The Six Parts Seven
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|The Six Parts Seven|
The Six Parts Seven performing live in 2006.
|Origin||Kent, Ohio, USA|
|Years active||1995–2008 (Hiatus)|
|Labels||Suicide Squeeze Records, various|
The Six Parts Seven was an American post-rock band formerly based in Kent, Ohio. The band was founded in 1995 by brothers Allen and Jay Karpinski (playing guitar and drums, respectively), who had earlier played with Old Hearts Club, a band of similar style (but with vocals). In 1998, Tim Gerak was added to the core member line-up, playing guitar and also credited with additional engineering on the band's later recordings.
Most of the group's music is instrumental, featuring multiple "clean" (undistorted) electric guitars, with electric bass and drums, as well as electric lap steel guitar, viola, and occasionally also piano, vibraphone, or trumpet. Rather than relying primarily on strummed chords, songs are generally built by combining single-note melodic lines. Most songs are slow, subdued, and introspective, calling to mind the sound of similarly restrained groups such as Bedhead, Low, and American Football, as well as Louisville groups such as Slint and Rodan. Songs are often long (over five minutes), featuring much repetition and little contrast, creating a meditative atmosphere. Though the drumming of Jay Karpinski is often syncopated and jazzy, the group favors duple meter as opposed to the more complex meters favored by math rock bands. The Six Parts Seven's precise, intricate pattern-based sound also calls to mind the work of King Crimson guitarist Robert Fripp as well as minimalist composers such as Steve Reich. More recent performances of certain songs have featured Allen playing a four-string Fender Jazz Bass strung with normal electric guitar strings in place of his usual guitar set-up; and this appeared on their latest studio album, entitled Casually Smashed to Pieces, and was credited as "mid-range bass".
The band has been through a plethora of line-up changes, and minor positions in the band have proved to be a revolving chair, while retaining the core force of the Karpinski brothers and Tim Gerak. Former vibraphonist Eric Koltnow left the band after the Everywhere and Right Here era, as well as former lap steel player Ben Vaughan (formerly of the Dirty Lords, Tusco Terror, and Silent Command) after becoming a father. Minor positions, such as the newly added trumpet (Keith Freund from Trouble Books), have been filled by members of other bands from the Akron, Ohio area. Allen Karpinski recently revealed in an interview that his brother Jay had left the band.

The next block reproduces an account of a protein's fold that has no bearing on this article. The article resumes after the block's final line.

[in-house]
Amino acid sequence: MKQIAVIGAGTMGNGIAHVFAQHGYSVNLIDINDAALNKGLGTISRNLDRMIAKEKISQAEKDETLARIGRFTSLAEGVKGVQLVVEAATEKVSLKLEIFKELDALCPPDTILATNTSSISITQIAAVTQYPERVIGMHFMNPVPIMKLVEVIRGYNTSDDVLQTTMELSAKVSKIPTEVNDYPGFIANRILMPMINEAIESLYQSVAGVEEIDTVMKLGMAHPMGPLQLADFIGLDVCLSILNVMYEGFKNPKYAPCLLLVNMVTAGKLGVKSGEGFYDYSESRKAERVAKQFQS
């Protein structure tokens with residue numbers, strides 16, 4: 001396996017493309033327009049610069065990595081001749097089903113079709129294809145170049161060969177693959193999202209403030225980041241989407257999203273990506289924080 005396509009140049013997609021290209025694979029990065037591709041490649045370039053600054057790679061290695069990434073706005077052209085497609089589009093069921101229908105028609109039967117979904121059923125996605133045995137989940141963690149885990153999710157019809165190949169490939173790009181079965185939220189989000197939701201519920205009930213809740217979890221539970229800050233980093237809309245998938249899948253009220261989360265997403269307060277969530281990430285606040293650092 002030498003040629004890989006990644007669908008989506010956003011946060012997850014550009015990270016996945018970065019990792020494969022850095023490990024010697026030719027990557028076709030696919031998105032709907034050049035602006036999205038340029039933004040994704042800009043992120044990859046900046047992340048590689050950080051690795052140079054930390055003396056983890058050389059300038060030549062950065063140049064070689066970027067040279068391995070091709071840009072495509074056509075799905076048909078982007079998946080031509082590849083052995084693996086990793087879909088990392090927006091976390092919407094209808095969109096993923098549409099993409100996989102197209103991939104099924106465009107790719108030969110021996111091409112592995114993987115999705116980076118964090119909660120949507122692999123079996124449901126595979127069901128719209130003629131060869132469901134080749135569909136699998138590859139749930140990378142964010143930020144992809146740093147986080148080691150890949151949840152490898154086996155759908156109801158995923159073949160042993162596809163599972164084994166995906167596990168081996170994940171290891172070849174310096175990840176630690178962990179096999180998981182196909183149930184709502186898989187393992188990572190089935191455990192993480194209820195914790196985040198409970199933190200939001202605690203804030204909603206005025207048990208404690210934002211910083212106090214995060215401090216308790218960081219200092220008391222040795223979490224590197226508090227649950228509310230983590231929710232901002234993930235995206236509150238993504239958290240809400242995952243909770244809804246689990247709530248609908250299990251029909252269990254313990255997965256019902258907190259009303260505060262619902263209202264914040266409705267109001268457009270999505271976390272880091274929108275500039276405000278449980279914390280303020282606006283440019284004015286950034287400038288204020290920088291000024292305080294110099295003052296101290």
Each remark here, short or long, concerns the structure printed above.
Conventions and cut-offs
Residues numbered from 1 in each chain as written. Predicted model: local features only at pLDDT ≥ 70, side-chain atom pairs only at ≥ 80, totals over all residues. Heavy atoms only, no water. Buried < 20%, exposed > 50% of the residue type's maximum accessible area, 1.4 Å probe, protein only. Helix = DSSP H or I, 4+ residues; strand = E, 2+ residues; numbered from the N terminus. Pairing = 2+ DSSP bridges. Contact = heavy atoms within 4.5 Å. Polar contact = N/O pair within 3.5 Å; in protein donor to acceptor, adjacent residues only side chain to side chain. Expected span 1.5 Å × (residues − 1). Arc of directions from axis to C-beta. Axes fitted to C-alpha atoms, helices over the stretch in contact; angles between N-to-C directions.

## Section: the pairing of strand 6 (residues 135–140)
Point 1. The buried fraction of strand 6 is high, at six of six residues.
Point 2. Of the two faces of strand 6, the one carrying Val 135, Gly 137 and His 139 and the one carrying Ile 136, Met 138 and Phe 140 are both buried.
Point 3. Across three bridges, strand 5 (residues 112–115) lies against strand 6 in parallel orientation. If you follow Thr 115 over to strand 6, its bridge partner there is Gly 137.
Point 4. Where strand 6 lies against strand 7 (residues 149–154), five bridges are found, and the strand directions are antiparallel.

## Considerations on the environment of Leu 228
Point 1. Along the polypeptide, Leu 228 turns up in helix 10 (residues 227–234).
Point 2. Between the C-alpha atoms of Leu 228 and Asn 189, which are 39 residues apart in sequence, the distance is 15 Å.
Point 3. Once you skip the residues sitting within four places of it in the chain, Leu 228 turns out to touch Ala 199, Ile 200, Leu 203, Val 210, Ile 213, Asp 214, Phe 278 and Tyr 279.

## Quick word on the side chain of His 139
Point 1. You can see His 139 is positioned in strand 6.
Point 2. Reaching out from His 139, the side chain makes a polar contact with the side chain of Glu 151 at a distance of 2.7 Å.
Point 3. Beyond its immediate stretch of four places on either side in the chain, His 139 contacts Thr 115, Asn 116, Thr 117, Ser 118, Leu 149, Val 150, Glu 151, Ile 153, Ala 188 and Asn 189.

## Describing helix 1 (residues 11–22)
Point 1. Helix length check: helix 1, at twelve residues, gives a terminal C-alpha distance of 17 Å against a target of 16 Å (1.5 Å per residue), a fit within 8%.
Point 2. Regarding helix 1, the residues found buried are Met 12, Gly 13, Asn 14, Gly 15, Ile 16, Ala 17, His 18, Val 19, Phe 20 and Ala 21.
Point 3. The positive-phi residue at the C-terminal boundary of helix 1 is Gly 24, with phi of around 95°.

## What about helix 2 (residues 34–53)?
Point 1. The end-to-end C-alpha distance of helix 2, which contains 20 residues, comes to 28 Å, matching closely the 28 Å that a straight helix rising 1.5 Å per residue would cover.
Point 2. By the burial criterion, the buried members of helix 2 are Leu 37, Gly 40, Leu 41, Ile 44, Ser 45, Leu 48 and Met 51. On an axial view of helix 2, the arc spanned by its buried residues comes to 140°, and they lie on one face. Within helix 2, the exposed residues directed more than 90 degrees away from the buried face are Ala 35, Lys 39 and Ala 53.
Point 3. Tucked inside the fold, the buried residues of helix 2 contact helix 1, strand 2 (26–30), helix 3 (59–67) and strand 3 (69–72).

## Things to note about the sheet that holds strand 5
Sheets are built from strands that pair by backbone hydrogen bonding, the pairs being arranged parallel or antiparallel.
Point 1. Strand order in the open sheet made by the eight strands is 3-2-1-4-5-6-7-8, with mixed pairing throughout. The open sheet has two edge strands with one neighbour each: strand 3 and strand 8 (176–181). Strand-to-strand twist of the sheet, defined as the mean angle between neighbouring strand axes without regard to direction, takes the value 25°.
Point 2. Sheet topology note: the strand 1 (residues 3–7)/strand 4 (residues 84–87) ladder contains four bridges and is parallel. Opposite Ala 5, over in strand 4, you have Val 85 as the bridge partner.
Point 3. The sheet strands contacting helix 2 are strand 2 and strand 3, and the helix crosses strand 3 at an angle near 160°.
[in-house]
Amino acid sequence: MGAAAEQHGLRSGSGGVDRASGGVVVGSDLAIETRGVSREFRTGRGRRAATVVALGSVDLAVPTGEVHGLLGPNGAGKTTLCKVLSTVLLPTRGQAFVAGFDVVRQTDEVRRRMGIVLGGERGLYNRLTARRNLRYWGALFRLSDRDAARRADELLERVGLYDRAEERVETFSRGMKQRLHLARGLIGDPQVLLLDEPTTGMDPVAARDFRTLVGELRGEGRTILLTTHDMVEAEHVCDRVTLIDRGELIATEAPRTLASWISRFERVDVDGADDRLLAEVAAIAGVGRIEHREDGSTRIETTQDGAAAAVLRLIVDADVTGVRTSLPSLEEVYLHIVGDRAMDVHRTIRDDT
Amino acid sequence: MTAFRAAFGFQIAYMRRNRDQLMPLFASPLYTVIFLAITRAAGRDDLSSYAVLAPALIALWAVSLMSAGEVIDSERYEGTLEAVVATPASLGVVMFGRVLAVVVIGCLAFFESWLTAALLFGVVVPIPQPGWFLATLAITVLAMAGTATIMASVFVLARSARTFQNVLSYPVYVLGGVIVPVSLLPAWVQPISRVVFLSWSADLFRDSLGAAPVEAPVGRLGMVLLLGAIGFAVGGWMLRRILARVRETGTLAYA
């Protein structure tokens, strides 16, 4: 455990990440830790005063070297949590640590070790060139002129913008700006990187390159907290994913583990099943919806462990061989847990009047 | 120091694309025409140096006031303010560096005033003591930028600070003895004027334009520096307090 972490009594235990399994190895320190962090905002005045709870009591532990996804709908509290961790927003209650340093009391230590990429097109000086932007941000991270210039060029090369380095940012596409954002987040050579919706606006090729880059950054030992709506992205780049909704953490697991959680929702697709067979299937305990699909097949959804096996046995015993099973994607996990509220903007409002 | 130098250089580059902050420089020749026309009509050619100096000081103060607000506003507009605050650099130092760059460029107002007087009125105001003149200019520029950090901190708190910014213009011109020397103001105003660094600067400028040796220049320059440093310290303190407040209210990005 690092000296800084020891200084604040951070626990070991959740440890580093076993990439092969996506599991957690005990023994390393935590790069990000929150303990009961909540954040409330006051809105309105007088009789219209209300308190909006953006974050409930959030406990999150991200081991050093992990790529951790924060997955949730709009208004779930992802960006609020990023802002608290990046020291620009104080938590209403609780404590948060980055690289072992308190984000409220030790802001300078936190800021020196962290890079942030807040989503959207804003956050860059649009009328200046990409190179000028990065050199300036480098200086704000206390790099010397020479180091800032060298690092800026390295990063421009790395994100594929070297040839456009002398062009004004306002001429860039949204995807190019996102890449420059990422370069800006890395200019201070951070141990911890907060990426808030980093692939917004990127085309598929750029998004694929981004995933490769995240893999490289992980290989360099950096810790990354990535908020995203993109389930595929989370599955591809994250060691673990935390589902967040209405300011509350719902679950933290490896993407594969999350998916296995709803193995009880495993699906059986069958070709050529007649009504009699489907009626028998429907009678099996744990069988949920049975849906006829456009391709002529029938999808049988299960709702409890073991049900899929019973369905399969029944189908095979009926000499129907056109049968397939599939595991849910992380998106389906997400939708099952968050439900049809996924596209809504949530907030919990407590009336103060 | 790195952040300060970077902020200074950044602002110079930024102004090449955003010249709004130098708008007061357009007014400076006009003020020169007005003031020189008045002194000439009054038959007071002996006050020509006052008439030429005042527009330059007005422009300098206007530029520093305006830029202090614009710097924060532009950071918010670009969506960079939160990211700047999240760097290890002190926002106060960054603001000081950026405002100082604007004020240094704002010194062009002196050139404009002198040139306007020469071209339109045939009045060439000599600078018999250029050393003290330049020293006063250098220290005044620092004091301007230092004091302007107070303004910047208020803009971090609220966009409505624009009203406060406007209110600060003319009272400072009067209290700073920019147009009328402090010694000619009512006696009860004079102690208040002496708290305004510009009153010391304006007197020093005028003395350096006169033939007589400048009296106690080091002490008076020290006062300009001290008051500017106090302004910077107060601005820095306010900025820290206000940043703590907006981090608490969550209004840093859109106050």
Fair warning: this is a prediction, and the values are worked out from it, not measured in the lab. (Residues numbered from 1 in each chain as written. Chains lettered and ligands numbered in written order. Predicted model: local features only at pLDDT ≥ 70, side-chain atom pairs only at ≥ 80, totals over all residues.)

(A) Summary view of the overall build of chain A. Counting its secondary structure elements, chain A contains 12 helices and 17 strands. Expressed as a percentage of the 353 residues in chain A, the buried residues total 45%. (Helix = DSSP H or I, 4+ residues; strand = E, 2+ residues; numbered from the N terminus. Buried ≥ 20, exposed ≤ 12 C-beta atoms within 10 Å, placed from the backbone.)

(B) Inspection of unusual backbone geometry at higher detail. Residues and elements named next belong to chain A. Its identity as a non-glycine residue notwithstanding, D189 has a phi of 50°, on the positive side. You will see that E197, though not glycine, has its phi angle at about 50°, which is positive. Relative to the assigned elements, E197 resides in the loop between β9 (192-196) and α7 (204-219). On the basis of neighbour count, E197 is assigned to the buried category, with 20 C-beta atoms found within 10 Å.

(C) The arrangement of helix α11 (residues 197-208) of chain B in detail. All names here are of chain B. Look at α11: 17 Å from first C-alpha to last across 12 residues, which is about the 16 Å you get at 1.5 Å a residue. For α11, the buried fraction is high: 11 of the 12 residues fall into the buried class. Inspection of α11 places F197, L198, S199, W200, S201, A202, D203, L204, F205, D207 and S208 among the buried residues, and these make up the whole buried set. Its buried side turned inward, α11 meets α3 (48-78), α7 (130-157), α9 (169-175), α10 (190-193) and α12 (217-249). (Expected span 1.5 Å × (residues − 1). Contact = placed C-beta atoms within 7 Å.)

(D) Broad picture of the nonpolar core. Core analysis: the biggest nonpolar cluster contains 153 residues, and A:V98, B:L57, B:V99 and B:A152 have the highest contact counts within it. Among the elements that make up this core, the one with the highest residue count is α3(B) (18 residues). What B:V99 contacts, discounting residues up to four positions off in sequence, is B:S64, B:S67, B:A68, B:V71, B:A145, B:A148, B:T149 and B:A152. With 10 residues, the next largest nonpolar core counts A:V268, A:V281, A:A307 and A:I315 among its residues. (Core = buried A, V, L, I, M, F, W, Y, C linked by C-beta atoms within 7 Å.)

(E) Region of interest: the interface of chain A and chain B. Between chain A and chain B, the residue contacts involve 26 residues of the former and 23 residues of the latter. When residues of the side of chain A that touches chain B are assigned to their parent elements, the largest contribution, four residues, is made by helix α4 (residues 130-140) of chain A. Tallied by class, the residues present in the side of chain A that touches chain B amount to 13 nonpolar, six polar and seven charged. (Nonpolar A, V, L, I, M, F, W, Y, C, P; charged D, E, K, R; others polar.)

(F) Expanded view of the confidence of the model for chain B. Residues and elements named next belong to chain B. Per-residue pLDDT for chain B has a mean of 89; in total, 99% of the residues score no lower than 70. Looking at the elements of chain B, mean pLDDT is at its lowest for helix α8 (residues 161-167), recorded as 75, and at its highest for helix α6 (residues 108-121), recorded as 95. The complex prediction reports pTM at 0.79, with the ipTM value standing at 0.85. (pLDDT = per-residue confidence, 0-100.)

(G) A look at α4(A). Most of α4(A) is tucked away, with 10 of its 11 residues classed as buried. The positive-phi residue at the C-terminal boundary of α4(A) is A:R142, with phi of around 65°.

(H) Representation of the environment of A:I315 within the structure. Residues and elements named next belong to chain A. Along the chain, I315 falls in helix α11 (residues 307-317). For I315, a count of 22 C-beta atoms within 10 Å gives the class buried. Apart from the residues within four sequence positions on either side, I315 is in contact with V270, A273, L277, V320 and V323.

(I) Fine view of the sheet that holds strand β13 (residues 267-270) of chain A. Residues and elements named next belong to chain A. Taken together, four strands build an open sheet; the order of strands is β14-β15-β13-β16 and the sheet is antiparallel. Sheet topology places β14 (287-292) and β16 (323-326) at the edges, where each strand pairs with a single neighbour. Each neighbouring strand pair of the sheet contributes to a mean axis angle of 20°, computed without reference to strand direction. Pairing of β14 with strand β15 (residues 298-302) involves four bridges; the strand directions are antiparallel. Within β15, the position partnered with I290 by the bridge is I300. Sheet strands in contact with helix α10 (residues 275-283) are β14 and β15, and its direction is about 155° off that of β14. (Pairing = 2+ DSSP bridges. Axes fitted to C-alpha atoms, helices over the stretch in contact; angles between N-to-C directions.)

The Six Parts Seven's name is apparently based on a literary reference, quite possibly from the Howard Zinn book A People's History of the United States. The quote is from Virginia Governor William Berkeley in 1676: "How miserable that man is that governs a people where six parts of seven at least are poor, endebted, discanted and armed." A recent interview with another band member claims the name derives from a childhood game between brothers Jay and Allen Karpinski. Although its name is similar, The Six Parts Seven should not be confused with the British band Six by Seven.
The group has toured the United States several times and performed in March 2006 at the South by Southwest festival in Austin, Texas. Since the early 21st century its music has been used frequently by National Public Radio's All Things Considered news program as between-segment music. Group leader Allen Karpinski was interviewed about the group's music on the same program in September 2004.
- Allen Karpinski - guitar, electric bass guitar, keyboards
- Jay Karpinski - drums
- Tim Gerak - guitar, banjo, lap steel, samples
- Mike Tolan - electric bass guitar, guitar, organ, banjo
- Steve Clements - grand piano, keyboards
- Jake Trombetta - electric lap steel guitar, guitar, piano
- Jennifer Court - clarinet
- Keith Freund - trumpet
- Brad Visker - electric bass guitar
- Ben Vaughan - electric lap steel guitar
- Eric Koltnow - vibraphone
- Matt Haas - electric lap steel guitar
- Mary Mazzer - electric lap steel guitar
- Heather Wiker - viola
- 1998 - In Lines and Patterns... CD (Donut Friends)
- 2000 - Silence Magnifies Sound CD (Troubleman Unlimited)
- 2002 - Things Shaped in Passing CD & 2xLP (Suicide Squeeze)
- 2004 - Everywhere, and Right Here CD & LP (Suicide Squeeze)
- 2007 - Casually Smashed to Pieces CD & LP (Suicide Squeeze)
- 2003 - The Six Parts Seven/The Black Keys EP CD-EP (Suicide Squeeze)
- 2003 - Attitudes of Collapse One-Sided LP (Burnt Toast Vinyl)
- 2004 - Lost Notes from Forgotten Songs CD (Suicide Squeeze)
- 1995 - The Six Parts Seven Cassette
- 2001 - Untitled EP (Solo Singles Series) CD (Troubleman Unlimited)
- 2000 - Slightest Indication of Change CD & LP (Slowdance Records), SLOW-007
- 2001 - Troubleman Mix-Tape 2xCD (Troubleman Unlimited, 2001, TMU-050)
- 2002 - Devil In the Woods 52 7" vinyl (Devil in the Woods records), DIW-52
- Review of Silence Magnifies Sound by John Dark, Pitchfork Media
- Short story review of Casually Smashed To Pieces [The Wheel's Still In Spin]
- Review of Casually Smashed to Pieces by Thomas Lloyd, The Silent Ballet
- "Six Parts Seven's Harmonic Rock" from NPR All Things Considered program, 16 September 2004
- The Six Parts Seven MP3s
- The Six Parts Seven audio samples